Fourth Industrial Revolution

The Fourth Industrial Revolution and the future of ports

Maurice Jansen
Visiting Researcher, Erasmus University Rotterdam
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Changes from one era to the next happen when mega trends converge at the same time. We have seen this before, when ocean-going trading ships enlarged the horizon and traders discovered new cultures, when widespread railway networks allowed steam engine technology to distribute to remote areas, when new fuel techniques allowed automobiles and airplanes to move people faster and further than ever before.

Now we are witnessing how ever-evolving technology is distributed at the speed of light via the internet. What it tells us is that people have a persistent drive to explore unknown territories, whether they are new continents, new technologies or new methods of communication.

Port cities have played a pivotal role in each of the previous Industrial Revolutions. What does the Fourth Industrial Revolution mean to port cities around the world, and what should they do reap its rewards?

Historically, technologies have developed in geographically favorable locations, often where land meets water. Port cities have always been at the crossroads of change. Traders embarked on wooden sailing ships in Amsterdam to explore new trading routes. London flourished by the power of its steam mills in the 18th and 19th century, and New York and Rotterdam were the world’s largest ports during the 20th century. Ports have thrived because all Industrial Revolutions up until now relied on the trade of raw materials: coal and iron ore since the 18th century, whereas oil and gas were added to the commodity mix since from the late 19th century. It’s still the case today that the world’s largest ports float on oil.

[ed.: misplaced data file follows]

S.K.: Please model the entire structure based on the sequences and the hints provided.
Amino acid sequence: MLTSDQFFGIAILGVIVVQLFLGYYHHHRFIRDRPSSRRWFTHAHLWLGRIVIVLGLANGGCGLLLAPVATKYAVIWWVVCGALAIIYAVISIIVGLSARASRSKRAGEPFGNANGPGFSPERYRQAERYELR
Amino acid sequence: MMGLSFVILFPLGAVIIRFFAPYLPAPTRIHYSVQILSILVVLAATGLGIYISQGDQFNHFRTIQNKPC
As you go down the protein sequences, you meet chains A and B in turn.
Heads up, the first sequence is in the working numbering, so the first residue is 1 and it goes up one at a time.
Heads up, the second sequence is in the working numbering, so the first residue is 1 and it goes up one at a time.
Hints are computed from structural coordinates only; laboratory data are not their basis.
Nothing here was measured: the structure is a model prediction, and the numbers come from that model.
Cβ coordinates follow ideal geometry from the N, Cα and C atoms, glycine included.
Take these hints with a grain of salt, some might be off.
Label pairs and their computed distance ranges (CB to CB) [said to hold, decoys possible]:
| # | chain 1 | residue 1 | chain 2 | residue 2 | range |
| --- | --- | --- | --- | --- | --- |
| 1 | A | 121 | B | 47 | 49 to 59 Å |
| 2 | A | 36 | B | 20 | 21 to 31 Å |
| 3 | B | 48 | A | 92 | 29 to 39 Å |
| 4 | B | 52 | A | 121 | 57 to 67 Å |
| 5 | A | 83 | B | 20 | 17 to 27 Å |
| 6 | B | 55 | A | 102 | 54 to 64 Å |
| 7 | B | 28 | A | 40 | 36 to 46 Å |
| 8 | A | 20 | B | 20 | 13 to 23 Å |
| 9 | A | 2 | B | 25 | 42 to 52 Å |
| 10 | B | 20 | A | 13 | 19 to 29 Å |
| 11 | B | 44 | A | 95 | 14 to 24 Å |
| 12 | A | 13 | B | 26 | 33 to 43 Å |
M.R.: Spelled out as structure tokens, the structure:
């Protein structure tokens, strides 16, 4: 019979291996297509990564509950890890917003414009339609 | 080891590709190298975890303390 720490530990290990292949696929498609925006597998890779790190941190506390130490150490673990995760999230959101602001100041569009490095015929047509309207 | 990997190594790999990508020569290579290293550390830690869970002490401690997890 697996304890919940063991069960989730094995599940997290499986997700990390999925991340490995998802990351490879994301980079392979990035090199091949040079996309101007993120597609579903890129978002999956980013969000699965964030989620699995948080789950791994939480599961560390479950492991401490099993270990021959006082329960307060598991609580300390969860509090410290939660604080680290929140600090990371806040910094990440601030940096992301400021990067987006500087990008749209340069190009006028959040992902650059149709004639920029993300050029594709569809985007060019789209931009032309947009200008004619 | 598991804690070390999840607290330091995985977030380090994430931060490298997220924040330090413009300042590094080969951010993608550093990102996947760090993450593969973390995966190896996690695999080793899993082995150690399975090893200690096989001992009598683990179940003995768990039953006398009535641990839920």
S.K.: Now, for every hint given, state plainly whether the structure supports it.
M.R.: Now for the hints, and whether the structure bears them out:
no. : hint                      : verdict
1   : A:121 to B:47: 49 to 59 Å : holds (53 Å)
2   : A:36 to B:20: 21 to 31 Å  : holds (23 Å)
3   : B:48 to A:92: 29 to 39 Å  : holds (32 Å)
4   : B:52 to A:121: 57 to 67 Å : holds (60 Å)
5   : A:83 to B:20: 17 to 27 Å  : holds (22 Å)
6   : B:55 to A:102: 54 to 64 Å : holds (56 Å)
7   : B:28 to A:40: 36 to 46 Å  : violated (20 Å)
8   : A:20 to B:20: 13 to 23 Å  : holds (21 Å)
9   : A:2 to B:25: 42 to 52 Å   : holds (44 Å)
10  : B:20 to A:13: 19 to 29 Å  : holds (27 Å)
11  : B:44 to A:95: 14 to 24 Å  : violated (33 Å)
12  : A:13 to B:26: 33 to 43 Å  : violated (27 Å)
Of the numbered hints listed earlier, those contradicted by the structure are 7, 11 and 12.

The fourth industrial revolution differs from the previous big leaps in history because of the speed at which it unfolds, its omnipresence in society and a systems change in the way people live, move, work and communicate.

The shift to a new era goes hand in hand with an imminent change in the energy mix. Fossil fuels are under pressure for at least three reasons: fossil fuels are running out sooner rather than later, new technologies will make alternative renewable energy sources cheaper, and commitment to climate change goals will drive the change.

The current dominant logic is based on linear thinking. For business, government and society the challenge is to break through the existing paradigm that goods reach the highest value at the point of (first) sale, and are then depreciated to zero over the product’s lifespan. From an accounting perspective, this all makes sense, but this linear thinking has taken us away from our true nature, and the circle of life. We have forgotten to progress through reflective cycles of learning and turn experience into wisdom, and wisdom into value.